Living with hypertension in Cameroon on a few dollars per day

In Cameroon, seeking treatment for chronic diseases can be a long journey.

Sep 29, 2017

Every month, Alvine Nyintché travels 5 kilometers (about 3 miles) to the Etoug-Ebe Baptist Hospital in Yaoundé, the capital of Cameroon. Nyintché, age 50, was diagnosed with high blood pressure seven years ago.

Today, Nyintché has access to an affordable treatment thanks to Novartis Access, which provides a portfolio of medicines that help treat key chronic conditions. In Cameroon, these medicines will be available through some hospitals and clinics of the Cameroon Baptist Convention Health Services. The program will later be extended to other faith-based groups and eventually the entire country. Beyond medicines, activities will be conducted to strengthen healthcare systems. They include training healthcare professionals on how to manage noncommunicable diseases as well as providing community education and awareness.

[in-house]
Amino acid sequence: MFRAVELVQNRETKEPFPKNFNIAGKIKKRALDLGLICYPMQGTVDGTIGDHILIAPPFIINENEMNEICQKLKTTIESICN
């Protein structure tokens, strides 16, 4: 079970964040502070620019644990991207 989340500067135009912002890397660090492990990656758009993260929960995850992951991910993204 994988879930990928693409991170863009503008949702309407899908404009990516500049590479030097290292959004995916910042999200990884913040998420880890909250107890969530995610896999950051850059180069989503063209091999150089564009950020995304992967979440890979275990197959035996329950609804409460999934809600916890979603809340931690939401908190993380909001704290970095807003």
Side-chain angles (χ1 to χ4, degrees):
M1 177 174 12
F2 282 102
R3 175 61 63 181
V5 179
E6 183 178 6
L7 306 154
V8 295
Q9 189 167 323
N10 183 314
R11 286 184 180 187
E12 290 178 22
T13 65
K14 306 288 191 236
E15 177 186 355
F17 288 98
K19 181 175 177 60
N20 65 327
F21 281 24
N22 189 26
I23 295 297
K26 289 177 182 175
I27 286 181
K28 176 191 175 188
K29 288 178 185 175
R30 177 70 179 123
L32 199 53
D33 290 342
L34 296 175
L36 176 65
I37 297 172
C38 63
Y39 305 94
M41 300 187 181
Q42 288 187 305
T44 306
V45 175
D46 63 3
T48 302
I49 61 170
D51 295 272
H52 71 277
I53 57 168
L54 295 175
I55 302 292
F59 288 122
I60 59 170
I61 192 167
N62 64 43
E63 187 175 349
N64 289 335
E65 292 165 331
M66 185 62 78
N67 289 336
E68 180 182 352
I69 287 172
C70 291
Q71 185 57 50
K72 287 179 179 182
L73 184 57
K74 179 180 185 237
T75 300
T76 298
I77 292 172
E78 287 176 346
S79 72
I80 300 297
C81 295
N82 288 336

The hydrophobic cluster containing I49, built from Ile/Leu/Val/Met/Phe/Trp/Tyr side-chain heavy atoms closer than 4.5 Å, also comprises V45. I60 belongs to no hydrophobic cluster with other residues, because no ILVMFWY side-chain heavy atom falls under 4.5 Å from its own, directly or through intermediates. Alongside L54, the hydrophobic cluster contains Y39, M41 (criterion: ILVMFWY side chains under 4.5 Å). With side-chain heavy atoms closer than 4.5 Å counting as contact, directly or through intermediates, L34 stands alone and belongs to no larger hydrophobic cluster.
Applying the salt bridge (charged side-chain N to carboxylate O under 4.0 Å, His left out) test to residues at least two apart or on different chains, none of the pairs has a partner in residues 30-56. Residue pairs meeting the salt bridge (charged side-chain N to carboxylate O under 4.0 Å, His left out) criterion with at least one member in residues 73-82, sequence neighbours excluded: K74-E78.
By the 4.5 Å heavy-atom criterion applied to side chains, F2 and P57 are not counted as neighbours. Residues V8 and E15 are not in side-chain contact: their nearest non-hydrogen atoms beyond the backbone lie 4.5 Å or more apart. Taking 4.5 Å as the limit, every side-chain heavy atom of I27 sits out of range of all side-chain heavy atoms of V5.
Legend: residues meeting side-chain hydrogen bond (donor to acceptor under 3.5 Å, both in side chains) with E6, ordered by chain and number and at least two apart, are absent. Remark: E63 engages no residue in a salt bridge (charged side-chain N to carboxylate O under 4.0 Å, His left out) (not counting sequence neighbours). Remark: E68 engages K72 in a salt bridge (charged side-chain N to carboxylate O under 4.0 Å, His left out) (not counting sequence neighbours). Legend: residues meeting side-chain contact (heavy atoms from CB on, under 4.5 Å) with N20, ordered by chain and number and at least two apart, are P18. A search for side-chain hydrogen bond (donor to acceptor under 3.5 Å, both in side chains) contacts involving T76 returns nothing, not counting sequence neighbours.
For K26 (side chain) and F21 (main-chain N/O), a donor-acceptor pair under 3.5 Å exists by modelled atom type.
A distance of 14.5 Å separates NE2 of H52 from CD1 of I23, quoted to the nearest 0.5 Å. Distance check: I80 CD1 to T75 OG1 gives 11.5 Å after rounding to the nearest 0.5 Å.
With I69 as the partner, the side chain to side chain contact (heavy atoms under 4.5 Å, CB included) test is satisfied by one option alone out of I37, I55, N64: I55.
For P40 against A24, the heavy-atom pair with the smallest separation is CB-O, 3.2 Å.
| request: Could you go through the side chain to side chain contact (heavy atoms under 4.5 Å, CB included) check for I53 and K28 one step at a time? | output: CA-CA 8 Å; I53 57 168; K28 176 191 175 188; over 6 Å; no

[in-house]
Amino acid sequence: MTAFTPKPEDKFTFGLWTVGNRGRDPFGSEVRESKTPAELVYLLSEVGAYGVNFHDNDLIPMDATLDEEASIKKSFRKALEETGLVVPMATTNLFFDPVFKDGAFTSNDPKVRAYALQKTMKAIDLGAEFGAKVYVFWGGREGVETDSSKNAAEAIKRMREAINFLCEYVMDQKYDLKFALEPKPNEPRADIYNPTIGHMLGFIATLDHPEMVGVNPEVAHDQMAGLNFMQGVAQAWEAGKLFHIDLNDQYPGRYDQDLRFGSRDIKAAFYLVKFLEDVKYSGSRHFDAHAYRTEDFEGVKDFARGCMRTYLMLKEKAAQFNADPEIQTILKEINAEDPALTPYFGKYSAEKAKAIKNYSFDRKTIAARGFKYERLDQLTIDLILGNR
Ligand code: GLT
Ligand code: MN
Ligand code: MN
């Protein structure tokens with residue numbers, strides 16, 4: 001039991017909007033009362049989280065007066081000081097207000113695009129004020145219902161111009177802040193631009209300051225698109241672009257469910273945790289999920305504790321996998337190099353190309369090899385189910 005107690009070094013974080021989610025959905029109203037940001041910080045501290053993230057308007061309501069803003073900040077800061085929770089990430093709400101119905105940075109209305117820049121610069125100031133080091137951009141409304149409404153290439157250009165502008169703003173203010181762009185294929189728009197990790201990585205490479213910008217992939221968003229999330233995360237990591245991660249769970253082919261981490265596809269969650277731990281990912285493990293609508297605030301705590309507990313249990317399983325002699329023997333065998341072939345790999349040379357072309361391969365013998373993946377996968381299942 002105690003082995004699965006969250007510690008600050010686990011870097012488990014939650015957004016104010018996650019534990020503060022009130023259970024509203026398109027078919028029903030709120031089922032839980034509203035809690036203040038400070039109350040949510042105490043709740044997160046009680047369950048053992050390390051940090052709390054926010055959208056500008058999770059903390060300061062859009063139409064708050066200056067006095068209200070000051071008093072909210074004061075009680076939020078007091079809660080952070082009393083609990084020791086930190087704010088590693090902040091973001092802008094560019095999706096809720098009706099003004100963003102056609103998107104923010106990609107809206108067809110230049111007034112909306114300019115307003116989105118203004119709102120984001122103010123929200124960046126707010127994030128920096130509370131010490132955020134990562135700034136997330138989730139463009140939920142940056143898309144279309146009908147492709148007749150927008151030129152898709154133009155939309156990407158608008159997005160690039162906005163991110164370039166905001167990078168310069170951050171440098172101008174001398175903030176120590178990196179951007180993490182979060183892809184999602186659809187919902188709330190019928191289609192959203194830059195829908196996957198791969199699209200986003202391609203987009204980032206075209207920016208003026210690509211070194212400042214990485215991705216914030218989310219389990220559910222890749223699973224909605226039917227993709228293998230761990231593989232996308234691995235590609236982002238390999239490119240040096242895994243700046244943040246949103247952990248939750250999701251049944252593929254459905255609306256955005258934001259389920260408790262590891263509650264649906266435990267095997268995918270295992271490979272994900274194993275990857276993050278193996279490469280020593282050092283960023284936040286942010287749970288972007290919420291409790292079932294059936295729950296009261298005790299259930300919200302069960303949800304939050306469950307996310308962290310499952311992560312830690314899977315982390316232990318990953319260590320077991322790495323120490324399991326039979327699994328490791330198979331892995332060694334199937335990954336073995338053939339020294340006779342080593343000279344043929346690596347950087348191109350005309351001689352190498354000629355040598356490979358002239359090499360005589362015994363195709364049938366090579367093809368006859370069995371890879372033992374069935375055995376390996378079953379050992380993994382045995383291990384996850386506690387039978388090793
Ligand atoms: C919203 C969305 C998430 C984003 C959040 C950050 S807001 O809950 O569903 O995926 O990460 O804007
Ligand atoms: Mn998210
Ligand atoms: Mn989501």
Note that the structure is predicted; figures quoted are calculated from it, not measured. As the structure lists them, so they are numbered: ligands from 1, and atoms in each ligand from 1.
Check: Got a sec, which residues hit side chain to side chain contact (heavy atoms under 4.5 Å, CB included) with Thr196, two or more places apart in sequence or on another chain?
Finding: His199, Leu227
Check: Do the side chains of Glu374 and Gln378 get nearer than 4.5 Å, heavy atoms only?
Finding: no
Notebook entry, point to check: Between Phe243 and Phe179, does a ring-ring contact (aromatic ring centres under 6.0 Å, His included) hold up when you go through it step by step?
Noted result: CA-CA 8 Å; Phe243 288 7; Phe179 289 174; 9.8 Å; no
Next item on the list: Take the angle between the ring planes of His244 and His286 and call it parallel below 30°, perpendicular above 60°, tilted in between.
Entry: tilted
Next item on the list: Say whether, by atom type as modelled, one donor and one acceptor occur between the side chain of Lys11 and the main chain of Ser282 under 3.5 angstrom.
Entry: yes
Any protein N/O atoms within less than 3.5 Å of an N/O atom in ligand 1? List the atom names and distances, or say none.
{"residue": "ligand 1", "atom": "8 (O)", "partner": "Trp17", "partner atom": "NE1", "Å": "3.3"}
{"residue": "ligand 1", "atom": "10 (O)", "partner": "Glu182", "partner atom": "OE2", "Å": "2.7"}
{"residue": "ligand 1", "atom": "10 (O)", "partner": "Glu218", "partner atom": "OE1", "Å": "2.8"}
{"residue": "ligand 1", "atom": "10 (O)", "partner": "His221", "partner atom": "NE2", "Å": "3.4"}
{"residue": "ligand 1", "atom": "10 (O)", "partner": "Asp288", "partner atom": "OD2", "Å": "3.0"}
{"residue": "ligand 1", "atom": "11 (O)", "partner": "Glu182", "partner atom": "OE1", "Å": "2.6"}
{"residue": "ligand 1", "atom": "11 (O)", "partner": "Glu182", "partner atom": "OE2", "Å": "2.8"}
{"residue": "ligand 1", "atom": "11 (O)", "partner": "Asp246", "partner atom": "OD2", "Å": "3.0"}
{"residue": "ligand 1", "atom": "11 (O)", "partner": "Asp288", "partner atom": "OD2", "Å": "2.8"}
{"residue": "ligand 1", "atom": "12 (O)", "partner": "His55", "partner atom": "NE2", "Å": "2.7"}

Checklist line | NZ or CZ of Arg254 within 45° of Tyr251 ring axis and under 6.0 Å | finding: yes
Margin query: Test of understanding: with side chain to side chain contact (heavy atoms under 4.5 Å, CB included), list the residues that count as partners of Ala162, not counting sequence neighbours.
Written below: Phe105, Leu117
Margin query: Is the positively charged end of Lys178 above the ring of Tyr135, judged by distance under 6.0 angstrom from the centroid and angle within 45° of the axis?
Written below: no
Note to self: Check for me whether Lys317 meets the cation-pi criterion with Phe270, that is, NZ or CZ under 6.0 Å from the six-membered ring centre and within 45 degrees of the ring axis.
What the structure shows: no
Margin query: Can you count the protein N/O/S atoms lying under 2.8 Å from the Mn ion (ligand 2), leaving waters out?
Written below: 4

A memorandum of understanding has recently been signed between the Ministry of Health of Cameroon and Novartis, complementing efforts by the government to establish prevention and control programs for the growing burden of chronic diseases. These diseases – such as diabetes, hypertension (high blood pressure), cancer and respiratory diseases – are a growing concern in Cameroon, already causing an estimated 31% of deaths every year, according to the World Health Organization.1

Keep reading (or watch a video) to learn more about how cooperation between the Cameroonian government, faith-based organizations and Novartis Access is helping people like Nyintché.

Seeking treatment for hypertension when you make just a few dollars a day in Cameroon can be a long journey. #NovartisAccess

Expanding Access to Healthcare

Noncommunicable diseases (NCDs) are expected to overtake infectious diseases in low- and middle- income countries in the next two decades. Novartis Access focuses on the affordability and availability of 15 patented and generic medicines addressing four key NCDs.

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